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About 700,000 patient undergo open heart surgery every year in US. Up to 3% of those patients suffer from poor healing of the breastbone not healing correctly after the surgery.

Only in 1978 Dr. Stoney recognized breast bone non-union as a separate medical condition. The patients experience discomfort or pain after heart or valve surgery. They may also notice feeling of instability, clicking and difficulty participating in sports activities. If the symptoms continue after 3 month, most likely, it is sternal mal-union.

In some patients the discomfort may be related to scar sensitivity. However, if there is deep pain and clicking, it is most commonly related to incorrect healing of sternum, or breastbone.

During heart surgery thoracic surgeon split breast bone, aka sternum, from top to bottom in order to do surgery on heart or heart valves. Many thoracic surgeons still use steel wires, or cords, to put the chest wall together after the surgery. Traditionally cardiac surgeon puts several steel wires across from right to left and back. When patients breeze, the chest wall expands to allow air in. This lateral motion and tension created by breathing muscles after the surgery can loosen wires. If not noticed early, it can lead to mal-union or non-union. Wired breast bone may not be strong enough to tolerate higher level of activity in younger patients, as it allows a little bit of movement between right and left sides.

Surprisingly, many affected patients do not report this condition to their heart surgeons. And when they do, it is not uncommon for heart surgeons to dismiss the concerns of the patient once they made sure that the pain that patient has after the surgery is non-cardiac in nature. The patients usually complain to their primary care providers who have very little to offer besides waiting longer for breastbone to heal or Motrin for pain and swelling. Many patients experience episodes of severe anxiety, and frequent hospital visits with complaints of repeated chest pain. Eventually, once pain was proven to be non- cardiac, the patients get labeled crazy and they end up on variety of psychiatric, anti-anxiety medications, antidepressants, narcotics and other medications or referred to pain management specialists and psychiatrists. At that point some of them get referred to plastic surgeons.

Sternal non-union, or sternal instability, can also happen after car accidents, after industrial injuries when the breast bone was broken and not properly secured.

The most accepted indications for sternal instability repair are chronic pain, clicking, grinding, feeling of chest wall moving incorrectly, limitations of activities of daily living, and changes in breathing pattern.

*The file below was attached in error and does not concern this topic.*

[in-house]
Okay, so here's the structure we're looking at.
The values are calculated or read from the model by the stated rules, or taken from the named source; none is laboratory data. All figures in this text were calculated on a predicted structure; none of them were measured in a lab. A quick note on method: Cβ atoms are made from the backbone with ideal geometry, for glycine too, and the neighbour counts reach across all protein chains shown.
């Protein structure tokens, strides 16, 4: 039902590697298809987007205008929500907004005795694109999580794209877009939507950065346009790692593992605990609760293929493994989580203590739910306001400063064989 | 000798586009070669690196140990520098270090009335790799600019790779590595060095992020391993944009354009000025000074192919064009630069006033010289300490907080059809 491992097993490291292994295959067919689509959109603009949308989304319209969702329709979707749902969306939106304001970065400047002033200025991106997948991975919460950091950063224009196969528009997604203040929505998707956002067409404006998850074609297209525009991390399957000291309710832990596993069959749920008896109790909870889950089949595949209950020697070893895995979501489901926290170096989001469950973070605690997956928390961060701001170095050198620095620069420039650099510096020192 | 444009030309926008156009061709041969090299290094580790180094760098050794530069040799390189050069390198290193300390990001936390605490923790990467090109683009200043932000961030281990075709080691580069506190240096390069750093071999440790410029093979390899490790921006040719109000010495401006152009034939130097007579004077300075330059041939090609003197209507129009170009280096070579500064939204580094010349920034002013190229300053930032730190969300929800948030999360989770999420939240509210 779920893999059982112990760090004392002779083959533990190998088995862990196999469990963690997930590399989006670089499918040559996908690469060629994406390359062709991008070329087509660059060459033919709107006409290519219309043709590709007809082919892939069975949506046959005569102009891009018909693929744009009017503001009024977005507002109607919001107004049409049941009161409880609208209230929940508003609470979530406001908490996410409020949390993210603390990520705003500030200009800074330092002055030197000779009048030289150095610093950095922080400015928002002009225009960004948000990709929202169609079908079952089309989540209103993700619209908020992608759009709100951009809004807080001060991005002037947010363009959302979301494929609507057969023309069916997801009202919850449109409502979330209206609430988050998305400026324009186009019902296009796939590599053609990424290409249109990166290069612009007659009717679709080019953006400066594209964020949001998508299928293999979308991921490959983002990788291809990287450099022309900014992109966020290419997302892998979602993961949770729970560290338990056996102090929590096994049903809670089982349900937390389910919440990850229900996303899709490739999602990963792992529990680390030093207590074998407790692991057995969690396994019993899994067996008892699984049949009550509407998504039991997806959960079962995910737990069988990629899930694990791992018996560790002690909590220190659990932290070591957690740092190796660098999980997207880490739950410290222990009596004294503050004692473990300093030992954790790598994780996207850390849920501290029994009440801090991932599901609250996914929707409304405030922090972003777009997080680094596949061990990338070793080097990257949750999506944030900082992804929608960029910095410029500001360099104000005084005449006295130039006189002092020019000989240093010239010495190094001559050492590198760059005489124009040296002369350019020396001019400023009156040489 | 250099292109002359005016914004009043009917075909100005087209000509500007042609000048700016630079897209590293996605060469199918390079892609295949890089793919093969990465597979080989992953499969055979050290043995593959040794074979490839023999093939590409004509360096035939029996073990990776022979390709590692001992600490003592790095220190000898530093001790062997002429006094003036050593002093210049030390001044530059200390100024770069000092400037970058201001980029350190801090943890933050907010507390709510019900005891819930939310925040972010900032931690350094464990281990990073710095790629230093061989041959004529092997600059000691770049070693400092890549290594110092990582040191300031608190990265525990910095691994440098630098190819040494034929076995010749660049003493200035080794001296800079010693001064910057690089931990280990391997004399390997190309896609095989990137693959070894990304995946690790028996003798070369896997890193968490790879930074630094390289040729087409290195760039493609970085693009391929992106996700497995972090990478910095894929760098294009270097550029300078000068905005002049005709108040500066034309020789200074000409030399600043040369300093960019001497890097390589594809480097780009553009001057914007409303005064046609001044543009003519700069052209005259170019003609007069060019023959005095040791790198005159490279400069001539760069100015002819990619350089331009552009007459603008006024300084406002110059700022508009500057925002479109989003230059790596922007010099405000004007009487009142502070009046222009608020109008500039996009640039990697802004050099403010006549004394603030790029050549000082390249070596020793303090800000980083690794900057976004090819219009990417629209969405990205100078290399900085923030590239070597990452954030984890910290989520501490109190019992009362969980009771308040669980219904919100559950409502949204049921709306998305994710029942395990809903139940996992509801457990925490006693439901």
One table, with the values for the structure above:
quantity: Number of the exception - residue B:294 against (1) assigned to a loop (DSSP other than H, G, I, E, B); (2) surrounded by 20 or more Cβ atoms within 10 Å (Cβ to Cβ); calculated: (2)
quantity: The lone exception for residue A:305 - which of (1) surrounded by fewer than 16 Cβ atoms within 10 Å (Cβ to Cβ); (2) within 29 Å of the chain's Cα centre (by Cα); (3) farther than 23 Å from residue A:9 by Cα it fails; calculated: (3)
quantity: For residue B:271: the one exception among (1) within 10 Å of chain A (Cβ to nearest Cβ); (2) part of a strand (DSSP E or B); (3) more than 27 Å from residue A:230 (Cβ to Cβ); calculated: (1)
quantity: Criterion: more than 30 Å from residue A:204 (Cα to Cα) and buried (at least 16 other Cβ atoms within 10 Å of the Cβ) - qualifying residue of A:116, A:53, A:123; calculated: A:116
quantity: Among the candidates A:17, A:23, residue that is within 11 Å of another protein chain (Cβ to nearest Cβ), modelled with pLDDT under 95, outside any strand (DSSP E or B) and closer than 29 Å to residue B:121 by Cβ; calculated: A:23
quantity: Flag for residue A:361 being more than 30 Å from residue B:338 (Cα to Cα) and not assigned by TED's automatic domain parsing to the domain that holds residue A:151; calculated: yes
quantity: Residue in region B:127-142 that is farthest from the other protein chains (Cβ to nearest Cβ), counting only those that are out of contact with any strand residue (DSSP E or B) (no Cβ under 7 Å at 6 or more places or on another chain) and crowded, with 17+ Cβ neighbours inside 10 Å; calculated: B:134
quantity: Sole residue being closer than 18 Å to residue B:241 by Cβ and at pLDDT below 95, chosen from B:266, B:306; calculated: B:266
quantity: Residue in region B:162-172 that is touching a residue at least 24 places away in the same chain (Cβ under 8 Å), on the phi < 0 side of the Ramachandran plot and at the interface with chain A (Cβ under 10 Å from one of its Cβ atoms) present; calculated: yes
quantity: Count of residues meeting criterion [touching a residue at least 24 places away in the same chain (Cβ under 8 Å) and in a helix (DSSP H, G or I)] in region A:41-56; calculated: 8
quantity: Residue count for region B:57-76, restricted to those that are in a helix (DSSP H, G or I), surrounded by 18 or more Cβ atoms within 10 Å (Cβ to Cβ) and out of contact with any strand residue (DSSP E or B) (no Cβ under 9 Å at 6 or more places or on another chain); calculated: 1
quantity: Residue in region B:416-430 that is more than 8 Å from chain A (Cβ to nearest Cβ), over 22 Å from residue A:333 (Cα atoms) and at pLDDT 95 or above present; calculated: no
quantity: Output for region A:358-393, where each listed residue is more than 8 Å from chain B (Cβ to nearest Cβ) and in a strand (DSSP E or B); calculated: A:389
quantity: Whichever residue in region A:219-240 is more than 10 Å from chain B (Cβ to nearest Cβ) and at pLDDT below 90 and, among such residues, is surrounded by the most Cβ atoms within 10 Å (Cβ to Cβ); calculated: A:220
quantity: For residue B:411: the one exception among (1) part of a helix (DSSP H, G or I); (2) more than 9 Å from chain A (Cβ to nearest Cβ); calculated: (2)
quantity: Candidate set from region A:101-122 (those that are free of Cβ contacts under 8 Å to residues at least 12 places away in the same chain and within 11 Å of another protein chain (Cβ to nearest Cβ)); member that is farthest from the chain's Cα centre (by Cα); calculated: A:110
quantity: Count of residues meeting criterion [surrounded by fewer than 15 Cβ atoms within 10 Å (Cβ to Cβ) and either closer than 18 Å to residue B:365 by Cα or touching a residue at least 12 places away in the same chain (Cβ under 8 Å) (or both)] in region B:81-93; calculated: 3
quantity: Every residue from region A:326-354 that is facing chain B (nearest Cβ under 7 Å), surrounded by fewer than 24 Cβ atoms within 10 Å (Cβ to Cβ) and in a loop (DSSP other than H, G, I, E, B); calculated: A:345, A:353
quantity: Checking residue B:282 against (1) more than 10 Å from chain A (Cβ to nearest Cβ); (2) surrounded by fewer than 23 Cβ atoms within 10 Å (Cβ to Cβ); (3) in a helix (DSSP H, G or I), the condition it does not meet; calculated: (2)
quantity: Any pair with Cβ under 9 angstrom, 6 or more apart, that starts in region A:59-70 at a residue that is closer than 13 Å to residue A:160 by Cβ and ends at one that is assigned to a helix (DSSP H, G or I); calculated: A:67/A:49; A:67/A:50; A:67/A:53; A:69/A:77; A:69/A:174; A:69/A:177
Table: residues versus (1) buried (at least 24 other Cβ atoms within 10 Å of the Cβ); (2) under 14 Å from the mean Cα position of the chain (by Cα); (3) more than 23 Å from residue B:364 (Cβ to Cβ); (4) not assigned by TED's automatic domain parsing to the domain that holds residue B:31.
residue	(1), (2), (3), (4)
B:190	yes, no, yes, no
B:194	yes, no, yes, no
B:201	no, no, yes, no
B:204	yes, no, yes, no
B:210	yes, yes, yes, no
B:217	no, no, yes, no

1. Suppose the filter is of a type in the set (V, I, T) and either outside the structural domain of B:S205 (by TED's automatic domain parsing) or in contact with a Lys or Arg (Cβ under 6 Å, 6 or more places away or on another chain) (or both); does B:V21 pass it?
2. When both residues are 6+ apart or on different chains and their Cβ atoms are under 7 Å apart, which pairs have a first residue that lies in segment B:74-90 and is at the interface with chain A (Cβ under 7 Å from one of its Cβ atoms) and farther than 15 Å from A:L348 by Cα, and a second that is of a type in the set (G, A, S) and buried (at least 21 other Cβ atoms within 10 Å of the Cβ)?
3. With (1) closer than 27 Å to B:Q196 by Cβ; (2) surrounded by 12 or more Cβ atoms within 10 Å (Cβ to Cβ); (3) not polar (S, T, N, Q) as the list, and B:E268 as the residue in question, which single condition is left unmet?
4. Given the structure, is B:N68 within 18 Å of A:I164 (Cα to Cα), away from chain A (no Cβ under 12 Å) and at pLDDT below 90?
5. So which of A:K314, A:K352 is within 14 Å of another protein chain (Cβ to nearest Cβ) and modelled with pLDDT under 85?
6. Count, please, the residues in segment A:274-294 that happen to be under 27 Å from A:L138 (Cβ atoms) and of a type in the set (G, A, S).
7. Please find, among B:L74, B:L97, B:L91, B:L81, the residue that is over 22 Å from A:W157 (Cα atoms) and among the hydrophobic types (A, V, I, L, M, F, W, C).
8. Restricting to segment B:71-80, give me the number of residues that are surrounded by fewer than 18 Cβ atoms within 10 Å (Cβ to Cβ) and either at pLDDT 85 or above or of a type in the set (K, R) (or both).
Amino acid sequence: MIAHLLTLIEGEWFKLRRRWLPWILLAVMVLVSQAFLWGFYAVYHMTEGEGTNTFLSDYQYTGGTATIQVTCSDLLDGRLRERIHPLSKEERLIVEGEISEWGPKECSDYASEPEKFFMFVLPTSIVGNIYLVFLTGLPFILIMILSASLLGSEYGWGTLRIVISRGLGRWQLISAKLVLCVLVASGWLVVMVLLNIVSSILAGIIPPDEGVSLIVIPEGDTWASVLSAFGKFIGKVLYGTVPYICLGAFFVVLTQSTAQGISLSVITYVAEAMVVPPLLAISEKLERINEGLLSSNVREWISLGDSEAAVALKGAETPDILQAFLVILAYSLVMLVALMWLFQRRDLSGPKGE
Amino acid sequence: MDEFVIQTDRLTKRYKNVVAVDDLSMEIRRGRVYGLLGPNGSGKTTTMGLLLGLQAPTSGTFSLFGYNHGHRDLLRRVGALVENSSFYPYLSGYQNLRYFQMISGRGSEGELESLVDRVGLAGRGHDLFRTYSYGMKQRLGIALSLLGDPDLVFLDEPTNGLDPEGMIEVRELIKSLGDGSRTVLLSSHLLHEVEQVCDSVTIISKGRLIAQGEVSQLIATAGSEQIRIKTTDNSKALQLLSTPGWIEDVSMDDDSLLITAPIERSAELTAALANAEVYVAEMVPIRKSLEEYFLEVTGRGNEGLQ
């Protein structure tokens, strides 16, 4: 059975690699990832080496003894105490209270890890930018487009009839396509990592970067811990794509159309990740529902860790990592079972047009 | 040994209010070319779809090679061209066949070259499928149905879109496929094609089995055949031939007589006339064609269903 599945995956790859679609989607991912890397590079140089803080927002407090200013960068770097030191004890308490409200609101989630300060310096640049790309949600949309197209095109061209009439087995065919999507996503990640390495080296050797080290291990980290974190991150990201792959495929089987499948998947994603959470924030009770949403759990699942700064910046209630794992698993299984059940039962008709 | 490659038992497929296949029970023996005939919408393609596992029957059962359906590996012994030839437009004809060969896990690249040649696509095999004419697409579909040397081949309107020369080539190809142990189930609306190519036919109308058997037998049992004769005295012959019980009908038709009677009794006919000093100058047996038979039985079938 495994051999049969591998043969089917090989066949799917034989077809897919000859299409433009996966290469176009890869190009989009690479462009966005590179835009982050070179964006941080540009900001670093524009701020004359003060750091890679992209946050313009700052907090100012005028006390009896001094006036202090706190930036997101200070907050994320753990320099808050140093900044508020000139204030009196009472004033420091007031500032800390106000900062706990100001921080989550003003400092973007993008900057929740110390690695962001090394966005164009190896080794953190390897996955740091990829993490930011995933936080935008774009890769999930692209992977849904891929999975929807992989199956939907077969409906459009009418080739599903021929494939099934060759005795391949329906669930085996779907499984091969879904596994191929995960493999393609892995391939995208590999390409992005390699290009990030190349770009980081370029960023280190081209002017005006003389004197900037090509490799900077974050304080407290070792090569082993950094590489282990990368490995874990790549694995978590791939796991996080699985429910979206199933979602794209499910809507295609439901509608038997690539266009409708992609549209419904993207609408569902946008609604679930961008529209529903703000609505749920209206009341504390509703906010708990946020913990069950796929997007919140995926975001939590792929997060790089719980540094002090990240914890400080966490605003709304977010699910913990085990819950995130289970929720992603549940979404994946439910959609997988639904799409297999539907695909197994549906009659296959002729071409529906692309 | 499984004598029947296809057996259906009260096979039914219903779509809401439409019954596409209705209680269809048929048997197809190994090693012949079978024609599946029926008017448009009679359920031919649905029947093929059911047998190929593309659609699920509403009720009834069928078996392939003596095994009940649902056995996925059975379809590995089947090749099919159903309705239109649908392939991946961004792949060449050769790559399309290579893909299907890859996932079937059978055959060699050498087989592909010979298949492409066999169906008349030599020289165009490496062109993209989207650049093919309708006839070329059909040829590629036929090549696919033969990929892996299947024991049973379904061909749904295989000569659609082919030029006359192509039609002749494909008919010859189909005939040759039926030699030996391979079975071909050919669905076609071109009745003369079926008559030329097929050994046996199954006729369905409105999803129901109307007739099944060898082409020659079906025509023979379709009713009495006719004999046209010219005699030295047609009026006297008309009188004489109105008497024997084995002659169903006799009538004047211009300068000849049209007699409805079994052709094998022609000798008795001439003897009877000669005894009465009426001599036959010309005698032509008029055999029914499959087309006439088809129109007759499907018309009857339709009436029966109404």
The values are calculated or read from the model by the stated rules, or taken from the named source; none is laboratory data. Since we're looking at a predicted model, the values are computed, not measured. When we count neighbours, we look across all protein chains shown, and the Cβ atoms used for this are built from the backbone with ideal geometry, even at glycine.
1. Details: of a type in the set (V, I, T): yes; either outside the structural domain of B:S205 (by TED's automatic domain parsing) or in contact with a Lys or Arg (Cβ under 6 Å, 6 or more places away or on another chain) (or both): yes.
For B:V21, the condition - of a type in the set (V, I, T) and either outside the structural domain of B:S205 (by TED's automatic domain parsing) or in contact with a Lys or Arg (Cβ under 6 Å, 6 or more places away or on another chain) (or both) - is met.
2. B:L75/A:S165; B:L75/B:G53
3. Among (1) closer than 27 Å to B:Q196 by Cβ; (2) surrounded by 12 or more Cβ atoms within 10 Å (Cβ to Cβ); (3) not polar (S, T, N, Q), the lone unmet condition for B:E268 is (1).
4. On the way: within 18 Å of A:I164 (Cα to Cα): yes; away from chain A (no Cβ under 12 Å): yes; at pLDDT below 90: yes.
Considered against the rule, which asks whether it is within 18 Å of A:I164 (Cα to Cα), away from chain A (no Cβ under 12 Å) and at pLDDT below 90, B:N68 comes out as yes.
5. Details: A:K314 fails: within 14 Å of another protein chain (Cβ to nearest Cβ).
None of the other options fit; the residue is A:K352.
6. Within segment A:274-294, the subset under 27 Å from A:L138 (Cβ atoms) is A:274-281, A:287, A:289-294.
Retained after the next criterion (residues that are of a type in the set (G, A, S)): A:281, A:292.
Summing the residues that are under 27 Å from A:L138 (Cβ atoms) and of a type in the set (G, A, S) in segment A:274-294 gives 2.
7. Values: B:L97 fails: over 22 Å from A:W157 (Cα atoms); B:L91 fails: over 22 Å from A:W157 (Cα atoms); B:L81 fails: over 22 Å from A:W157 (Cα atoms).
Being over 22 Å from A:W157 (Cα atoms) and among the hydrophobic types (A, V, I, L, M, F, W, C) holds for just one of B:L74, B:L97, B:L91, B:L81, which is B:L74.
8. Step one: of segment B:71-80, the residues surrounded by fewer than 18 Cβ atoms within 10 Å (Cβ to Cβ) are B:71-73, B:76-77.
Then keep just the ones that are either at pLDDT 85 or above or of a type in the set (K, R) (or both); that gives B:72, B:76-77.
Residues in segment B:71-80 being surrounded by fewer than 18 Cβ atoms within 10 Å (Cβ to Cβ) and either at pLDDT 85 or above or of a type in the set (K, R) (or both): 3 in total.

Before the surgery CT scan of the chest and X ray may be needed to diagnose the problem.

Many cardiothoracic surgeons still treat mal-union with repeated sternal wires. They place multiple figure of eight wires, oblique wires, wrap them around the ribs, etc. Unfortunately, the repair with more aggressive wire placement produces more problems than it solves, because wires can either cut through the breastbone or choke it blood supply. One of the more complicated wire techniques is Robicsek weave. Recent study showed that even with that technique 20% had chronic instability, 10% had chronic pain and 14% needed another operation.

The latest advance in sternal repair is using plates and screws instead of wires. This is based on the same principle that all orthopedic surgeons use when they treat bone fractures.

Treatment of sternal non-union, mal-union, or instability is not very complicated. The wires from the breast bone are removed and the steel or titanium plates are placed. As the result, the breast bones are secured together in proper position much better, they stop moving and rubbing against each other with every breath and now can heal properly, just like any other bone.

In most patients pain and discomfort of the breast bone improves very quickly and once the breast bone heals, patients can return back to the activities they love, like golfing, swimming, biking, etc.

The surgery usually takes a couple of hours depending on complexity, it is done in the hospital under general anesthesia.

If you had open heart or valve surgery in the past, if you had automobile or industrial accident that traumatized your chest wall and you experience breastbone discomfort, pain, clicking, instability, or feeling that your rib cage is not moving the right way after the surgery, call our office for consultation.

Solution to your problem may be simpler and quicker than you might think. If you are scheduled to have valve of heart surgery at one of the participating institutions, please feel free to call us and we gladly work together with your cardiothoracic surgeon to use the latest chest wall stabilization methods possible, so you may return to your favorite activities sooner.

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